Milwaukee Brewers by the (Jersey) Numbers: No. 54 David Riske
Relief pitcher David Riske signed a free agent contract with the Milwaukee Brewers in December of 2007. It was a three-year deal worth at least $13 million with incentives that could push the three-year value of the contract to $20 million. Also included in the contract was an option for a fourth year valued at $4.75 million.
Let's just say that to see that particular $4.75 million will take much more than a wink and a smile.
After an average 2008 season, one which saw Riske's number inflate after a rough finish to the season (his ERA ballooned from 3.98 after pitching a perfect inning on Aug. 26th to 5.31 in four more outings before shutting it down for the year), Riske knew something was wrong with his throwing arm. He rested after the season and began his usual off-season program with discomfort still present.
Spring Training 2009 came and went and Riske began the season where he left off at the end of the previous one, in the Brewers bullpen. One appearance into the 2009 season, however, and Riske was headed directly to the disabled list.
Riske would remain there throughout the 2009 season and stands a good chance of beginning 2010 there as well. At the very least, a stint in extended spring training in Arizona seems likely so that Riske can build up arm strength and stamina.
Let's speak optimistically for a minute though. Say that over the six weeks or so of spring training that Riske proves he's ready to pitch on Opening Day. As you may recall from a previous article of mine, I believe there to be one spot available in the bullpen right now. If Riske is healthy and performs well enough, that spot is his by virtue of his contract if for no other reason.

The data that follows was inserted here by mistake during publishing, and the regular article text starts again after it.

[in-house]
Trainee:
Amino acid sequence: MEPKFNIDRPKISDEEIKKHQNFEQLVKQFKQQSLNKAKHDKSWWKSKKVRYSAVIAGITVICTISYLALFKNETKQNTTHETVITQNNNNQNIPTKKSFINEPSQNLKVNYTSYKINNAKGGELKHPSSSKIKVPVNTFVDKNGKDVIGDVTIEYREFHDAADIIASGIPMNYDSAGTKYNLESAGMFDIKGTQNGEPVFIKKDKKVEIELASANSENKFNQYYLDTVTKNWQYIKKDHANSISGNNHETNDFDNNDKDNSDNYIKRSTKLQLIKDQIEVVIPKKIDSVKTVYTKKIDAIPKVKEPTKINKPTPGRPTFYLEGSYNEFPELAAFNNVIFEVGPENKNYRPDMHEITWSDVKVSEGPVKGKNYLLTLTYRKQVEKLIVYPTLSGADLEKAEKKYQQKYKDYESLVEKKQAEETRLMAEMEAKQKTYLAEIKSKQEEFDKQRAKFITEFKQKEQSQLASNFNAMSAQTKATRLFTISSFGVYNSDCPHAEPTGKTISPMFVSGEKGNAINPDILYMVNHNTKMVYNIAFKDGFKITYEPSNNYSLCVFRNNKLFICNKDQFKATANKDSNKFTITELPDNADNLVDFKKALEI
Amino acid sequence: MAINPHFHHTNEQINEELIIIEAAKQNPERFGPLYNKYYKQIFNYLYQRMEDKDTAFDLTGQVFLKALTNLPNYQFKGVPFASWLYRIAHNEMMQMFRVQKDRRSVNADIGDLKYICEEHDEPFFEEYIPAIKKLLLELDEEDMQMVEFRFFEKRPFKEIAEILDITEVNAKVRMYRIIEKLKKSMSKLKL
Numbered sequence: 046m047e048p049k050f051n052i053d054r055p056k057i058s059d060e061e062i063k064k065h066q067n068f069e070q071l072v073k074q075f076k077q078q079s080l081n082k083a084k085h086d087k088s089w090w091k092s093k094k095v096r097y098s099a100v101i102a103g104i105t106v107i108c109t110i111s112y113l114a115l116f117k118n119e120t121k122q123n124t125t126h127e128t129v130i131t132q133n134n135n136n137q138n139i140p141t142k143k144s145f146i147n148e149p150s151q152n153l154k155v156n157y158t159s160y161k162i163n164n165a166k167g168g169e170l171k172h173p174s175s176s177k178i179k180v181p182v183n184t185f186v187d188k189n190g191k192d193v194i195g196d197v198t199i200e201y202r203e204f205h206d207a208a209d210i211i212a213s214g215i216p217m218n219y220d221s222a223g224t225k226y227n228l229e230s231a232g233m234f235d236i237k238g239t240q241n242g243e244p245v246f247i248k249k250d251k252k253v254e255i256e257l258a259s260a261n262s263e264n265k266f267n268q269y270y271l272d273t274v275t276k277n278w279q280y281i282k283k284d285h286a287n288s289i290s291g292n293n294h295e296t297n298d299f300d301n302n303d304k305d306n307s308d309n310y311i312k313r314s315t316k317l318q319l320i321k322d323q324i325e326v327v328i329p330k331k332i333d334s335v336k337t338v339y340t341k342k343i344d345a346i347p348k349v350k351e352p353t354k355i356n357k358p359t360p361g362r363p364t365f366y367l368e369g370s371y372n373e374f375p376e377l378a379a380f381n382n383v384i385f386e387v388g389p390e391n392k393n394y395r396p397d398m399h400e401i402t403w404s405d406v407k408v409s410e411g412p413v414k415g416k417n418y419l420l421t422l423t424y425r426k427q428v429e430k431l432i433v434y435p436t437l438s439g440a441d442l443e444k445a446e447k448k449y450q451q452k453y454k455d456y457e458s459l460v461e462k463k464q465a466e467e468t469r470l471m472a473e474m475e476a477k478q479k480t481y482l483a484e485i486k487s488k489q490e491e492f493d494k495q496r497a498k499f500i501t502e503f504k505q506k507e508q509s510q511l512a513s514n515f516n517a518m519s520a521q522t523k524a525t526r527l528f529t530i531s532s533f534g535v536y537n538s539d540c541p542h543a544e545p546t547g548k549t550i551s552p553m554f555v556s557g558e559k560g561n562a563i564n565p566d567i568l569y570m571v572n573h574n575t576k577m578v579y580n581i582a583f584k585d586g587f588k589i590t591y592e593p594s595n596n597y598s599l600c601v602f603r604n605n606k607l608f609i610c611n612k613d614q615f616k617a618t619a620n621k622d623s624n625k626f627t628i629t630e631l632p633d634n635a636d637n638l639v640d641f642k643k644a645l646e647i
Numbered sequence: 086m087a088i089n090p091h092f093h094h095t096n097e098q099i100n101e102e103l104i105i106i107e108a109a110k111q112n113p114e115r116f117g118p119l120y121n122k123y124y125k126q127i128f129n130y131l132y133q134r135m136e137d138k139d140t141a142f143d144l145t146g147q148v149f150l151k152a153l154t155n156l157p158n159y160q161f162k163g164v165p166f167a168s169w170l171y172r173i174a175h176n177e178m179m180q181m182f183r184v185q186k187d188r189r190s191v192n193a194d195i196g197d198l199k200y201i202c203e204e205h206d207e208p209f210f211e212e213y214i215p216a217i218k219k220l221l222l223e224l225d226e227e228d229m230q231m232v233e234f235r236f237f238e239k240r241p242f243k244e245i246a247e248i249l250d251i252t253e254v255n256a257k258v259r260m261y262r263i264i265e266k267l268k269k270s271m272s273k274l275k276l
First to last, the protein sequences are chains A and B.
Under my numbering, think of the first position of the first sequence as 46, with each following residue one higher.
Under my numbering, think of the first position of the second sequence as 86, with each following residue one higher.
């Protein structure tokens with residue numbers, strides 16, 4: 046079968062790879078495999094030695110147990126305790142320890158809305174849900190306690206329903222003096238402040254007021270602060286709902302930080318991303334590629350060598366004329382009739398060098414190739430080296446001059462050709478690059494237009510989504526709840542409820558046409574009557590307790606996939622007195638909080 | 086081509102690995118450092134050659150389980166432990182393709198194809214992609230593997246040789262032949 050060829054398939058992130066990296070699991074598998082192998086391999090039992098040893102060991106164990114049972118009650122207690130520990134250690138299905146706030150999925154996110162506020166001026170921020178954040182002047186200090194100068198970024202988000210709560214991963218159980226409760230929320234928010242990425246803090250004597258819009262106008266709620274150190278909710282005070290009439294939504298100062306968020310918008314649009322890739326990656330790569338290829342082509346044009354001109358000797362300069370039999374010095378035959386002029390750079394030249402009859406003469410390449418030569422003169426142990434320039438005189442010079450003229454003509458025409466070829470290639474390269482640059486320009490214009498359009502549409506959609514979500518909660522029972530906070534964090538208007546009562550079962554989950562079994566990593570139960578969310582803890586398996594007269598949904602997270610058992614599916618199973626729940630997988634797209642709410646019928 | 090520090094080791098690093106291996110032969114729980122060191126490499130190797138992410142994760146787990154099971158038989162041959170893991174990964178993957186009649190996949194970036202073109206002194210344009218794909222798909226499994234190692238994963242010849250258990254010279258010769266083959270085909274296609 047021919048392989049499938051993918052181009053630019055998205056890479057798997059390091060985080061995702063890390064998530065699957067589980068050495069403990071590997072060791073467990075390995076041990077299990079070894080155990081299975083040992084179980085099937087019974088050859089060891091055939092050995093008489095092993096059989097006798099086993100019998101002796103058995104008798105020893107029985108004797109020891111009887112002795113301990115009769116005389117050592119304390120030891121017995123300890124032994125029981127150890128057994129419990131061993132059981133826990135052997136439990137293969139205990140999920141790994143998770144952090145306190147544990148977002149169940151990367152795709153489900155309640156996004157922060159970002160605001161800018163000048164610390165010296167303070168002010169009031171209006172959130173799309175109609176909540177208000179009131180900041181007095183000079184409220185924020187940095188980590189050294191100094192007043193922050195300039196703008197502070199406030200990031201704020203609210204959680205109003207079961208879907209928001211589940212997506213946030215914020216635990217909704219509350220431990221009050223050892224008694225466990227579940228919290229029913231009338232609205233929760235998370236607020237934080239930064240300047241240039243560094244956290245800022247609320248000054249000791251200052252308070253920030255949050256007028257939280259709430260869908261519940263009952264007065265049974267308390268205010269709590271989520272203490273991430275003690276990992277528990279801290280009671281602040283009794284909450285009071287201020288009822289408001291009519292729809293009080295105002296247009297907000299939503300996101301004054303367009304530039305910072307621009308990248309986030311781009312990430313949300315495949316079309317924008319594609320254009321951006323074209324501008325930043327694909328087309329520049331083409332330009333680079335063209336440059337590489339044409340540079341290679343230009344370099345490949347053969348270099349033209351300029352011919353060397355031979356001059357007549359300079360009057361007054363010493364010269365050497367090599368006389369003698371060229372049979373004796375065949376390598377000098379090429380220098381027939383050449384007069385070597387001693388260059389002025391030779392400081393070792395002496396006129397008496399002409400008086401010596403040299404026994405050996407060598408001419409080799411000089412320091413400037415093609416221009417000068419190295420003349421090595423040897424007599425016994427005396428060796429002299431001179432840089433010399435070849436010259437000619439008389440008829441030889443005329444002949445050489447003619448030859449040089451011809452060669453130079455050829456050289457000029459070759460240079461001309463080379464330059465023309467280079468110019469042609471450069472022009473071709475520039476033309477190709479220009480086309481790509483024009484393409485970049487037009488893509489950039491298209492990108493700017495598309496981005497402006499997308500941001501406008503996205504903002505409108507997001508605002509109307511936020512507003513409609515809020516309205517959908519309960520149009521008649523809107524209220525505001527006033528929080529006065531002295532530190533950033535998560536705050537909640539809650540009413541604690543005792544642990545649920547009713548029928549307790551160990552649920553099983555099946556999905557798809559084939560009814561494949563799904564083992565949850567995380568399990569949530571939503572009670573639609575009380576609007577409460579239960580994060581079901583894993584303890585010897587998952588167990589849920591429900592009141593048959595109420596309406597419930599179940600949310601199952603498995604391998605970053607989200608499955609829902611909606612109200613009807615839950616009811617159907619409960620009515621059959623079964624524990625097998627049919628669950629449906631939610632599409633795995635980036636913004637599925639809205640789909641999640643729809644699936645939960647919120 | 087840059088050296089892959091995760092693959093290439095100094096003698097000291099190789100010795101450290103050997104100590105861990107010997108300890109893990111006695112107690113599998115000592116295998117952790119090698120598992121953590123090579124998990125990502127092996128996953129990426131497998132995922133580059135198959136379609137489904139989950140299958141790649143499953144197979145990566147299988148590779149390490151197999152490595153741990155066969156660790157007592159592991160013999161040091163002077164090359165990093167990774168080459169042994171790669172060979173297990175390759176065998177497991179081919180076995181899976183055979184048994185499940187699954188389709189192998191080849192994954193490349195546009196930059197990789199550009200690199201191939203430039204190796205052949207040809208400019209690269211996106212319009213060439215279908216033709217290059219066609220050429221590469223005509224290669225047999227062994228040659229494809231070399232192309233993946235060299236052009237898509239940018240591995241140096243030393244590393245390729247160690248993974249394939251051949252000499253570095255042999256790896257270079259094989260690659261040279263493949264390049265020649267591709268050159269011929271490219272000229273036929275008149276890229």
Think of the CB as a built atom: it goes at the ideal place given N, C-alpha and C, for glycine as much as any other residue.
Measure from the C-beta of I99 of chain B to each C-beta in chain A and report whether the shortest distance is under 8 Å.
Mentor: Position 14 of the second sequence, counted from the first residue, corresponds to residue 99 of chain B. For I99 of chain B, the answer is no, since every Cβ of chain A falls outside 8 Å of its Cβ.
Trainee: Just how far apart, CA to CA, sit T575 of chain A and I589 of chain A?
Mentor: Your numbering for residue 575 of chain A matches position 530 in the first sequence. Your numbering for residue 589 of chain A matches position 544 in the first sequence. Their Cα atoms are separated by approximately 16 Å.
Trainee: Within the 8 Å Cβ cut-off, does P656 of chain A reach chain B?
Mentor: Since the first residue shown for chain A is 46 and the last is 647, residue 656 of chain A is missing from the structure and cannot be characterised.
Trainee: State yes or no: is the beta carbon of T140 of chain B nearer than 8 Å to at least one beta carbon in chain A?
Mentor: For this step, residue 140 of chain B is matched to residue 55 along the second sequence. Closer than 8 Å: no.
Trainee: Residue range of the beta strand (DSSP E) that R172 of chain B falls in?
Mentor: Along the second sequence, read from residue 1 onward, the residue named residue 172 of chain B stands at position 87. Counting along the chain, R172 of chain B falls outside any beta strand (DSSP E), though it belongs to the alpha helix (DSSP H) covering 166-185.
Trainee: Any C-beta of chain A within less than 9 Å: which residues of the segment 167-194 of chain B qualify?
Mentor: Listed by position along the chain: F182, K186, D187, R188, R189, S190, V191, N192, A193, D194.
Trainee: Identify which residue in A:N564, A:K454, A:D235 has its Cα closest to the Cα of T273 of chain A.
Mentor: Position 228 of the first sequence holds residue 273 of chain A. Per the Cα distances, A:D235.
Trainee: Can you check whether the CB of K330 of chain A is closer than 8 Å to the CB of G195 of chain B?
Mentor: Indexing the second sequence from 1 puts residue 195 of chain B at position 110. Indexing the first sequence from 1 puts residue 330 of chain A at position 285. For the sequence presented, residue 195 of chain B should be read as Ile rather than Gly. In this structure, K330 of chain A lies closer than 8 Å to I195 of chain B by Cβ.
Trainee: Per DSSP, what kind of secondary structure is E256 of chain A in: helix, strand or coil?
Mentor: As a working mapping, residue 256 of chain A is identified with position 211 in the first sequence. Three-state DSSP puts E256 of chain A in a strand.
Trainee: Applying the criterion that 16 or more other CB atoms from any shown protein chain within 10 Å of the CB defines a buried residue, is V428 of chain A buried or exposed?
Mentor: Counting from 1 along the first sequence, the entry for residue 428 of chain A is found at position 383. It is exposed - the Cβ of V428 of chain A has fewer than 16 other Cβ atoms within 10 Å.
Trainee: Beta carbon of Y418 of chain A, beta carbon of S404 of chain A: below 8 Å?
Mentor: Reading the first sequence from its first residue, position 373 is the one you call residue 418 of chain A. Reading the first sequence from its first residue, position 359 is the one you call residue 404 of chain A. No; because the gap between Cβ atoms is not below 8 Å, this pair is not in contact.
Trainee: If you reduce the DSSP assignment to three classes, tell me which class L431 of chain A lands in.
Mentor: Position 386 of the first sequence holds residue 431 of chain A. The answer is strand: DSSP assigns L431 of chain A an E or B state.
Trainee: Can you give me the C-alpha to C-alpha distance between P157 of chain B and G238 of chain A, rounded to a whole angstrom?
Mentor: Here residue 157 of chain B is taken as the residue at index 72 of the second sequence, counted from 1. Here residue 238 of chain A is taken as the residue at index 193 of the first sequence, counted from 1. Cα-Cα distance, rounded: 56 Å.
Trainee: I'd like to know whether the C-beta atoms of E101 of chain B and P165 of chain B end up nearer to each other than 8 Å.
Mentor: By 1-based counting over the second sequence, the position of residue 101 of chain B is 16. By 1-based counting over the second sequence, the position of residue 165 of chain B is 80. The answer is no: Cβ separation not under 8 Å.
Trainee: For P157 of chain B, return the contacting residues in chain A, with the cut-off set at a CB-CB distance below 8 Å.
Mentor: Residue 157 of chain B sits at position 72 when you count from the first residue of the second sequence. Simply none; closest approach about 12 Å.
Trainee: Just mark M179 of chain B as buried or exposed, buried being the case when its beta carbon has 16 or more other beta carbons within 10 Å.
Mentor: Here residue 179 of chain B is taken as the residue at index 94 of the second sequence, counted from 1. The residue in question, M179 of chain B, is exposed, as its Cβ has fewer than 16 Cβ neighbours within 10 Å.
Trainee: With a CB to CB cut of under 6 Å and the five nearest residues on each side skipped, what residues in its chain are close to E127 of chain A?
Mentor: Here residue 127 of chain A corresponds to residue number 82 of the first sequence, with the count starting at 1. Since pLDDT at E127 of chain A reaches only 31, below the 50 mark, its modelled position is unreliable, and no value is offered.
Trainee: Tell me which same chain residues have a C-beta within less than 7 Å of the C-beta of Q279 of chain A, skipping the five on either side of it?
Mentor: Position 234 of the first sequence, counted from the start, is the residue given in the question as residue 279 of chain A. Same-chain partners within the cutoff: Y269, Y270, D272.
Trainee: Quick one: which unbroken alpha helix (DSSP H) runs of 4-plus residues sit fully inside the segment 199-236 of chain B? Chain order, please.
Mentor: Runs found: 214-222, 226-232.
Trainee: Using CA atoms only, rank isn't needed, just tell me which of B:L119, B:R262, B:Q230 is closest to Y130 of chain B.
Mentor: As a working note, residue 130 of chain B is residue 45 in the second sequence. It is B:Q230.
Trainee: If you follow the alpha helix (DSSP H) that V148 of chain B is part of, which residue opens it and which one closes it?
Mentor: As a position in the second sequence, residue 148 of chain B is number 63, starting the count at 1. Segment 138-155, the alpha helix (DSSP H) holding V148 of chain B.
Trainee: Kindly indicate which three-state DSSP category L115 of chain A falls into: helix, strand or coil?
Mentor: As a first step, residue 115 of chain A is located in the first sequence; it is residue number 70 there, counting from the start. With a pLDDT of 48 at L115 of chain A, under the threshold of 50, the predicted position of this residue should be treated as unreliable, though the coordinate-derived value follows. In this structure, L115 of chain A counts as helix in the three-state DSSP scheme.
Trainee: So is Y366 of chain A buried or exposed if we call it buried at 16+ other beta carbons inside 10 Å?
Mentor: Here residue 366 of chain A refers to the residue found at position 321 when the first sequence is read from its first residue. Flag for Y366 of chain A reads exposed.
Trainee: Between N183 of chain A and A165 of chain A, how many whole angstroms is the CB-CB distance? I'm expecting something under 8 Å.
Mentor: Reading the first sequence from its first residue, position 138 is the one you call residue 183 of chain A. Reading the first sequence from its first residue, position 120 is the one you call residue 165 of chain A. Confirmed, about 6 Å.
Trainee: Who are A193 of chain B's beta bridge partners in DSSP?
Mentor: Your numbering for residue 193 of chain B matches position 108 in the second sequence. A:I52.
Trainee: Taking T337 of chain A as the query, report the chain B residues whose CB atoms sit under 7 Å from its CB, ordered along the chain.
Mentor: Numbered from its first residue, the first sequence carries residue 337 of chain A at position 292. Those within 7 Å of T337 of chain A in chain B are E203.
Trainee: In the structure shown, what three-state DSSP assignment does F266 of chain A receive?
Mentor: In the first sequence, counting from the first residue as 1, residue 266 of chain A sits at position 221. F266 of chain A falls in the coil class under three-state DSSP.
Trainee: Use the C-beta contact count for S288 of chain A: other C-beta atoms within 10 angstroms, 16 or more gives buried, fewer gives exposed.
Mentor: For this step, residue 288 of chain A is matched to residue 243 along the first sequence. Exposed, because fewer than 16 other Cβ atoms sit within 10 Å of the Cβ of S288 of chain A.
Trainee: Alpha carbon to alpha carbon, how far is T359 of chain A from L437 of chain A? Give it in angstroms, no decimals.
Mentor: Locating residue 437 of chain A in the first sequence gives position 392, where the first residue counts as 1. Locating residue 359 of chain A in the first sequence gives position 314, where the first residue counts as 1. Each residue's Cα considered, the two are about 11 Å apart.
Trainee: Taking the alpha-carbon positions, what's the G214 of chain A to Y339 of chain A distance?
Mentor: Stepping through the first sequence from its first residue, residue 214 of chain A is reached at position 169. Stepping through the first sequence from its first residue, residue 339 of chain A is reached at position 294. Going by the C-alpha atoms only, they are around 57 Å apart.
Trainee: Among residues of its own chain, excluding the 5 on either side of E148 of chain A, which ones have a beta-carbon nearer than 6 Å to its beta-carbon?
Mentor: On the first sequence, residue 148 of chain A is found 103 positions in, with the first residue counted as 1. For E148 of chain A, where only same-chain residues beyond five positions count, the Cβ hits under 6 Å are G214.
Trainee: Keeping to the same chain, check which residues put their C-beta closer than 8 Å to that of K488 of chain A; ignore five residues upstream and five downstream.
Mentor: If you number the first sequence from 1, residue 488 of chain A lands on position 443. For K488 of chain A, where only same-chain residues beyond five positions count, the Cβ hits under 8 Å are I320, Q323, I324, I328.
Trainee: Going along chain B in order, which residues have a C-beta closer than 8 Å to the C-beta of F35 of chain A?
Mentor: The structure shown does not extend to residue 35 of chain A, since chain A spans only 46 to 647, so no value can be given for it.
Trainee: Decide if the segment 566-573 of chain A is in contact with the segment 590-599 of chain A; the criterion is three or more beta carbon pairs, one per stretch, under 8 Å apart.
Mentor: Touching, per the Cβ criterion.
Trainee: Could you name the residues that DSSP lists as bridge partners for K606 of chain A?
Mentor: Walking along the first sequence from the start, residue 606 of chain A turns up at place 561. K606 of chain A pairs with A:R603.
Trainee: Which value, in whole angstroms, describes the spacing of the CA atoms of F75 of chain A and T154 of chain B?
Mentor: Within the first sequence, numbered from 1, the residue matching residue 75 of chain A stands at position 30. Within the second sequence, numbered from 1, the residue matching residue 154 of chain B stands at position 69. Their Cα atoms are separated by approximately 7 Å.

If this was last season, David Riske might be slotted at the back end of the bullpen, setting up Trevor Hoffman. It's 2010 though. LaTroy Hawkins and Todd Coffey have that job handled. Should Riske regain a place in the bullpen, the open job is the one that was filled last season by the likes of Chris Smith and Seth McClung.
Riske would fill the gap between starter and setup man, occasionally throwing multiple innings, and basically just trying to keep the game where it is when he inherits it. You know, a middle reliever.
The bottom line for Riske is that this is something of a contract year for him. Pitch well, stay healthy and the Brewers will consider picking up the option. Pitch poorly, miss games, or prove unworthy of making nearly $5 million in the bullpen and the option could be passed on very quickly.
Ultimately, Riske will make over $4 million in 2010 whether he throws a big league pitch or not. The competitor in him no doubt wants to get back on the bump but will his arm hold up?
My prediction for Riske is as follows. He will pitch this spring a handful of time or more and prove that his arm is close. I believe he will start the year on the disabled list and continue to rehab. He will spend some time in extended spring training and a decision will be made by the end of April as to whether or not he's ready to contribute.
Hopefully that leads to positive results in Milwaukee both for his and the team's sake. If he's pitching well, then Milwaukee reaps the immediate benefits and Riske positions himself well for 2011 and (hopefully for Riske) beyond.
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